Professor David N. Pellow
University of California, Santa Barbara
This course introduces students to the theoretical and historical foundations of environmental racism and environmental inequality. We will examine and interrogate both the social scientific evidence concerning these phenomena and the efforts by community residents, activists, workers, and governments to combat it. We will consider the social forces that create environmental inequalities so that we may understand their causes, consequences, and the possibilities for achieving environmental justice. In particular, we pay close attention to the ways in which concepts like nature, race, gender, class, sexuality, citizenship, indigeneity, nation, and species intersect and shape one another in order to better understand how systems of power and inequality are constructed, reinforced, and challenged. Questions we will pursue include: how are relationships with the “natural” world implicated in the way we construct social categories of difference like race, gender, sexuality, class, and species? To what degree is environmental harm linked to social systems and power struggles among humans? How can we link theories of social inequality to theories of environmental studies? How can we imagine and enact change and justice in our lives and in the world in ways that are attentive to hierarchy, inequalities, flows of power, vastly different worldviews, and complexity and contradiction?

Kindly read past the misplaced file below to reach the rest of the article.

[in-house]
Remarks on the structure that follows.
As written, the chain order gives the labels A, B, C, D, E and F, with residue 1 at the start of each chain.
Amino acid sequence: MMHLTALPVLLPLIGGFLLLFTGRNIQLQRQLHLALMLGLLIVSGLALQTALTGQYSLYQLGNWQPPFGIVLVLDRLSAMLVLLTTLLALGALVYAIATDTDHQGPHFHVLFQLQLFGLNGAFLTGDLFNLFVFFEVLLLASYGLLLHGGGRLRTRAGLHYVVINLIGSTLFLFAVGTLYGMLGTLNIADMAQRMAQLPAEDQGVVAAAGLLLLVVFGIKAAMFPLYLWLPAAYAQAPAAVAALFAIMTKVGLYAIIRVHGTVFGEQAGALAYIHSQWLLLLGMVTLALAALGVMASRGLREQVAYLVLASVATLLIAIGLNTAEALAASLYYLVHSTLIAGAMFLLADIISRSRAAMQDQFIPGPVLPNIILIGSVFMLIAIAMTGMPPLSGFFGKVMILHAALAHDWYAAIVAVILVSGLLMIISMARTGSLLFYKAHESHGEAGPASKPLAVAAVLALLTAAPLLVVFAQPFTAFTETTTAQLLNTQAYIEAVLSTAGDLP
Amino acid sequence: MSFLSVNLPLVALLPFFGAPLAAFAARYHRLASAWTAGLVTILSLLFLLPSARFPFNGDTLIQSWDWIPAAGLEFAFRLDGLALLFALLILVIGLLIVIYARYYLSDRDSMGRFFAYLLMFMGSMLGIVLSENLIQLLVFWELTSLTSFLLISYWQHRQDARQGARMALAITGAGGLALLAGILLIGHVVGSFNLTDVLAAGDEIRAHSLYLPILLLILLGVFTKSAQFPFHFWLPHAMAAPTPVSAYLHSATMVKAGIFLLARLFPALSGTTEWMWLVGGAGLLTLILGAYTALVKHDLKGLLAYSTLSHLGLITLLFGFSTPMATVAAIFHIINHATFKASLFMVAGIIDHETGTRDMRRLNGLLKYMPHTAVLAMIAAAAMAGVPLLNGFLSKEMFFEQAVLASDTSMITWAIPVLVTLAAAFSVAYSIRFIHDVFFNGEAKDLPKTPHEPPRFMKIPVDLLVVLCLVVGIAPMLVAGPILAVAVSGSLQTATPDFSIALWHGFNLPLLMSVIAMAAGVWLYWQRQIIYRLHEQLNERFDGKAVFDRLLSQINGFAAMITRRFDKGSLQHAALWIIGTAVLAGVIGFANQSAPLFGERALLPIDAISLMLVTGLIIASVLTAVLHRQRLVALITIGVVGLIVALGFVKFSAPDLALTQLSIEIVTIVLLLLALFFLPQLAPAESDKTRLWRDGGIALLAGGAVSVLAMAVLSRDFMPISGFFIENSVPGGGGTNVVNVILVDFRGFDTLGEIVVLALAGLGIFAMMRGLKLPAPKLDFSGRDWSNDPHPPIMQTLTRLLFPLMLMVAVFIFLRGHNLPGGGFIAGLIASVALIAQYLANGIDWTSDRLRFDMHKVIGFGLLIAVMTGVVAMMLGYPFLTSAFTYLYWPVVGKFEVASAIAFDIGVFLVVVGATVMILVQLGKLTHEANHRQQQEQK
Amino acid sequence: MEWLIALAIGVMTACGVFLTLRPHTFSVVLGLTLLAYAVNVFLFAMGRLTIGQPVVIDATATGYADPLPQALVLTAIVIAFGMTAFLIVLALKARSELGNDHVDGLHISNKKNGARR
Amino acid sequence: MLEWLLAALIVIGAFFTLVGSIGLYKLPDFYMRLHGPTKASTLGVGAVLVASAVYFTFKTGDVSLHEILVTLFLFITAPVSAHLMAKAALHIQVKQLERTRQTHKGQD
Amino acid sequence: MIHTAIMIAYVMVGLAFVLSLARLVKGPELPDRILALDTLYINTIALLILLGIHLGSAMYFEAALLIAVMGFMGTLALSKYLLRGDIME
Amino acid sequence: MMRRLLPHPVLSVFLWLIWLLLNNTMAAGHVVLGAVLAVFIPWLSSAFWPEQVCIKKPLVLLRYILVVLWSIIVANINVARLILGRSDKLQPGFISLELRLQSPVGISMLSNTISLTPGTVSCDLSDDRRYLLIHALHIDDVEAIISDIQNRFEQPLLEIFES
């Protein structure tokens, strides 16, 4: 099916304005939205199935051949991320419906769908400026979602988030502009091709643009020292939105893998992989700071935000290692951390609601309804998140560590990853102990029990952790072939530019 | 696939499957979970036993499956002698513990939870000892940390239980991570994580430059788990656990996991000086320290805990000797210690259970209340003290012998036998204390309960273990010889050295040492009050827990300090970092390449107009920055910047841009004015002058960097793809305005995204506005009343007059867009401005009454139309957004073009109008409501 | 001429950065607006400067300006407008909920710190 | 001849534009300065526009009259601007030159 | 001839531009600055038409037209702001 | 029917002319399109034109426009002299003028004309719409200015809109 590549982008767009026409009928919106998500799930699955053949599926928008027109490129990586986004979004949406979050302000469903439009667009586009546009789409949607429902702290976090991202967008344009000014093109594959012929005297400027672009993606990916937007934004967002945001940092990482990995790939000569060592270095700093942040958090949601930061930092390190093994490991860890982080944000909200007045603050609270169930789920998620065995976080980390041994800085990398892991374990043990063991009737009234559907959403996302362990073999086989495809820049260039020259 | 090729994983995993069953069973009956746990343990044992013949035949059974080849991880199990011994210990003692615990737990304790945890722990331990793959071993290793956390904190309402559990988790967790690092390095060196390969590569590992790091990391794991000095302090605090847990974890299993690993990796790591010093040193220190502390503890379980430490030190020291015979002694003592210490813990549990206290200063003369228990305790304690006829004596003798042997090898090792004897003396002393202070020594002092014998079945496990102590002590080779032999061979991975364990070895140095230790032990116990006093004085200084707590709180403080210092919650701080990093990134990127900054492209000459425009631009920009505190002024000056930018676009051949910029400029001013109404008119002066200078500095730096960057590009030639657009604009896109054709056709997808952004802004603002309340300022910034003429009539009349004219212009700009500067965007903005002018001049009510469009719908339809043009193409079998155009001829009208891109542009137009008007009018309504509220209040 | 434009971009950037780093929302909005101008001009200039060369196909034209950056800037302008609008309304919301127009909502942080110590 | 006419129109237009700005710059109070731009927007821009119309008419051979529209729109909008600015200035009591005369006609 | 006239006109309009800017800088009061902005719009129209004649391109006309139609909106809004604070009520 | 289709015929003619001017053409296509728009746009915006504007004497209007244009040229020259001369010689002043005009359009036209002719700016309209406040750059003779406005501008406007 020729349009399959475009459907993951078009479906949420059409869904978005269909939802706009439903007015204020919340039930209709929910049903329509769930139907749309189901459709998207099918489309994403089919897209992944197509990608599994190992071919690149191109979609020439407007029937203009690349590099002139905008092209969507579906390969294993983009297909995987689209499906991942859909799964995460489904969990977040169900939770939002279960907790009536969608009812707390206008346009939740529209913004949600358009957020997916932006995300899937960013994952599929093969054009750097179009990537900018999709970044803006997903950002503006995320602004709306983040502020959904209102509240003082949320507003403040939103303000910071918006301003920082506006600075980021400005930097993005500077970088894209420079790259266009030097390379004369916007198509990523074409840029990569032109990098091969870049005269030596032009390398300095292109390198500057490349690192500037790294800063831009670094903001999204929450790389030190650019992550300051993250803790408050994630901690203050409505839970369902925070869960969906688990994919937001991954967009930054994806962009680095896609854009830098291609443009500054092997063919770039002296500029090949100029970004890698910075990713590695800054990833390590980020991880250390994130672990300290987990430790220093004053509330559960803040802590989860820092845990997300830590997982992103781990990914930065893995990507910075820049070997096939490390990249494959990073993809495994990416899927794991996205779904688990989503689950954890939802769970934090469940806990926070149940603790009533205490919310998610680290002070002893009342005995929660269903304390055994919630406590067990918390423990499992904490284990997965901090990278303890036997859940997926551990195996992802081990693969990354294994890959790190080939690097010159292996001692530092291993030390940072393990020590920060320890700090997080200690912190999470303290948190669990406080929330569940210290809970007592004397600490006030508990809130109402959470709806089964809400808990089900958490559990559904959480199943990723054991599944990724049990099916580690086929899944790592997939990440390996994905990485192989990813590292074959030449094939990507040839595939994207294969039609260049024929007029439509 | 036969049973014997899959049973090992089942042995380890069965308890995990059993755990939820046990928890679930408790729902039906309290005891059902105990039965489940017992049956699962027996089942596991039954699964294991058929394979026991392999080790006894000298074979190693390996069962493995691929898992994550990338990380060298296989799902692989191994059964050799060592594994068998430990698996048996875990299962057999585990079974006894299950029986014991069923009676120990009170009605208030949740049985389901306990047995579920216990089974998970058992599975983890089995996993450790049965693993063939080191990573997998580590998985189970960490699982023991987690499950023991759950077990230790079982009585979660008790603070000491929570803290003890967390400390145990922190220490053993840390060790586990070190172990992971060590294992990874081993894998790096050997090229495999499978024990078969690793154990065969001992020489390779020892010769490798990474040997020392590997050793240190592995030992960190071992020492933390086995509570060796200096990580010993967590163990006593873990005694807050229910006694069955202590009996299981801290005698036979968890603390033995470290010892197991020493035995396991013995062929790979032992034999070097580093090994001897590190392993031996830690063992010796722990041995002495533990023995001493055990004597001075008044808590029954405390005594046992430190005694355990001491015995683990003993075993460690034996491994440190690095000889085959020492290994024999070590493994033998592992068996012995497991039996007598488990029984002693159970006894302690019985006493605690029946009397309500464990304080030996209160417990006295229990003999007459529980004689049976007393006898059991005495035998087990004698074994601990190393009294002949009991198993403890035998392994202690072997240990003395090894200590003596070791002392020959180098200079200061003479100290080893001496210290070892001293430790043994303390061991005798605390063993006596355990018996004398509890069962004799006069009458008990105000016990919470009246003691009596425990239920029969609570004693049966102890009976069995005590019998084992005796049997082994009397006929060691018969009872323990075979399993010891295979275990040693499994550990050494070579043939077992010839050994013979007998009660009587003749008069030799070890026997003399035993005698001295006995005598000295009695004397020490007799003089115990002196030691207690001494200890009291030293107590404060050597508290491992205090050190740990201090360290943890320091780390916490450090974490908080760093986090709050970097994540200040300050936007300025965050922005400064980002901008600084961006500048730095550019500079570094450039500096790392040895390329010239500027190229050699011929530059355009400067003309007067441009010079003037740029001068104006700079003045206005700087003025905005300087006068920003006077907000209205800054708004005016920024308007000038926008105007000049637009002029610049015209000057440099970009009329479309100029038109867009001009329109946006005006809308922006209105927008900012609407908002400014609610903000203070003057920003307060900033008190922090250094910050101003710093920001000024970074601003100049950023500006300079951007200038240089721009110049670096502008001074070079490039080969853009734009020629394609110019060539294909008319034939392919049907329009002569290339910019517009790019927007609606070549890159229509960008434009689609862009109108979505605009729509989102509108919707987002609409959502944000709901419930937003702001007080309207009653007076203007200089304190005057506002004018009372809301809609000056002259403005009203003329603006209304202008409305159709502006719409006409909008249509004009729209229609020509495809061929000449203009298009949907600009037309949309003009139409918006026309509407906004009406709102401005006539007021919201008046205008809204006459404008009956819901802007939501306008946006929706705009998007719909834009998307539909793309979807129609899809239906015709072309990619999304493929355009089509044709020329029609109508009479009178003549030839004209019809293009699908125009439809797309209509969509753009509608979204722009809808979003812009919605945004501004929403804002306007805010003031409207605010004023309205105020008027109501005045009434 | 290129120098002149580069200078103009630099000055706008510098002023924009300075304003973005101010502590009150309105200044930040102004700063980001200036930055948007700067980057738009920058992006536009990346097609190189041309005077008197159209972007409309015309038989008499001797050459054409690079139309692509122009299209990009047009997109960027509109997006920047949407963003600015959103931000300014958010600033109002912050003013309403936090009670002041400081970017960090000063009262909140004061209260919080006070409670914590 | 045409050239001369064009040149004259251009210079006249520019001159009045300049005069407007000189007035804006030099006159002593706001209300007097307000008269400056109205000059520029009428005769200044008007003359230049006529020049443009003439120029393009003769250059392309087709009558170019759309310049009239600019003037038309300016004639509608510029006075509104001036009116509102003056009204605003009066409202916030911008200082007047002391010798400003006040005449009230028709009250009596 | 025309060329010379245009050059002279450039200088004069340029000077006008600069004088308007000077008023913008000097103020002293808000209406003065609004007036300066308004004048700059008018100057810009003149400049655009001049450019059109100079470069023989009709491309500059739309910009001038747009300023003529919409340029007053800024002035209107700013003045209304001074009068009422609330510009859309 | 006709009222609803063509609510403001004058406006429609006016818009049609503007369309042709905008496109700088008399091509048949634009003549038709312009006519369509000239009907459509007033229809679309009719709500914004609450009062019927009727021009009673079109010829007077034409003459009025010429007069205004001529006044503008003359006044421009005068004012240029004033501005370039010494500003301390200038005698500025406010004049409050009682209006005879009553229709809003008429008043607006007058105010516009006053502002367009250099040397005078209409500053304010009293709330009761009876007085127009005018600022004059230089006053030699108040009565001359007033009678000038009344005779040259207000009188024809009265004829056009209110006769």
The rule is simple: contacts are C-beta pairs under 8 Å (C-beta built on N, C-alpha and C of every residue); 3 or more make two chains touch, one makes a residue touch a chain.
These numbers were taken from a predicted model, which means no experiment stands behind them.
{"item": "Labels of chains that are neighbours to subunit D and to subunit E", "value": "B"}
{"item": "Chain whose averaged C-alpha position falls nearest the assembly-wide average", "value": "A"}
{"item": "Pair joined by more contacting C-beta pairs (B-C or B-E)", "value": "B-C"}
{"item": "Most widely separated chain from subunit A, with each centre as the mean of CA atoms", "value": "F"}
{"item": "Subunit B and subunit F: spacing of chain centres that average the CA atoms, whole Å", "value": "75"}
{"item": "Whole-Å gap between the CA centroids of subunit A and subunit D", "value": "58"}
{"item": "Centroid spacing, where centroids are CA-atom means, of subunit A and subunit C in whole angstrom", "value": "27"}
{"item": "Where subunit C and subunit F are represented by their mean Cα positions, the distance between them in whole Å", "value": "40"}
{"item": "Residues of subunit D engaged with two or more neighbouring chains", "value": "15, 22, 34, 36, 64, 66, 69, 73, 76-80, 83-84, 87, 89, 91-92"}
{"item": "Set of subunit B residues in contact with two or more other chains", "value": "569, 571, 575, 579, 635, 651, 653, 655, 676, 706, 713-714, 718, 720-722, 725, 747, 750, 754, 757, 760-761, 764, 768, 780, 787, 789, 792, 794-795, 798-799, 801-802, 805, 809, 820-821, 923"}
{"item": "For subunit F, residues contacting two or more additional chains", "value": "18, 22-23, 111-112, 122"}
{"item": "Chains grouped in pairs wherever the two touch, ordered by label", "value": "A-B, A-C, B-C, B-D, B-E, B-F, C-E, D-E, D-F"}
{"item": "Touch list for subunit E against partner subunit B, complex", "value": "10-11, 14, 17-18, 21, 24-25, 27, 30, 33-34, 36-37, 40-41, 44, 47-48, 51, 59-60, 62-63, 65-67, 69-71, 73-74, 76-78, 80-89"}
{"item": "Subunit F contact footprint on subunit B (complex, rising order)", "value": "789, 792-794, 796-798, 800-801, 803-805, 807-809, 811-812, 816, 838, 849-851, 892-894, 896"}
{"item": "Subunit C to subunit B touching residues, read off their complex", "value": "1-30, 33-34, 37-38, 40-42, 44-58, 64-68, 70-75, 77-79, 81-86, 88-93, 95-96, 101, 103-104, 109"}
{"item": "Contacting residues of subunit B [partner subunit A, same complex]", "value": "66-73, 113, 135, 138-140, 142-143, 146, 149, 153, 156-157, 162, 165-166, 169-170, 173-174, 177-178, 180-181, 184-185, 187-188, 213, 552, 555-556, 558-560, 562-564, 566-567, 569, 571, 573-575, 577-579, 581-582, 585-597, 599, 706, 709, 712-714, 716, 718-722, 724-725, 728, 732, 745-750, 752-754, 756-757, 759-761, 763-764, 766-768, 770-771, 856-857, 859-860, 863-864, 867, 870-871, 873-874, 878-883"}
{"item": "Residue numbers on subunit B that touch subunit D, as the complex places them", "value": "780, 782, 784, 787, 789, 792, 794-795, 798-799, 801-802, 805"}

To access the complete syllabus, please click on the online version of Power, Justice, and the Environment syllabus.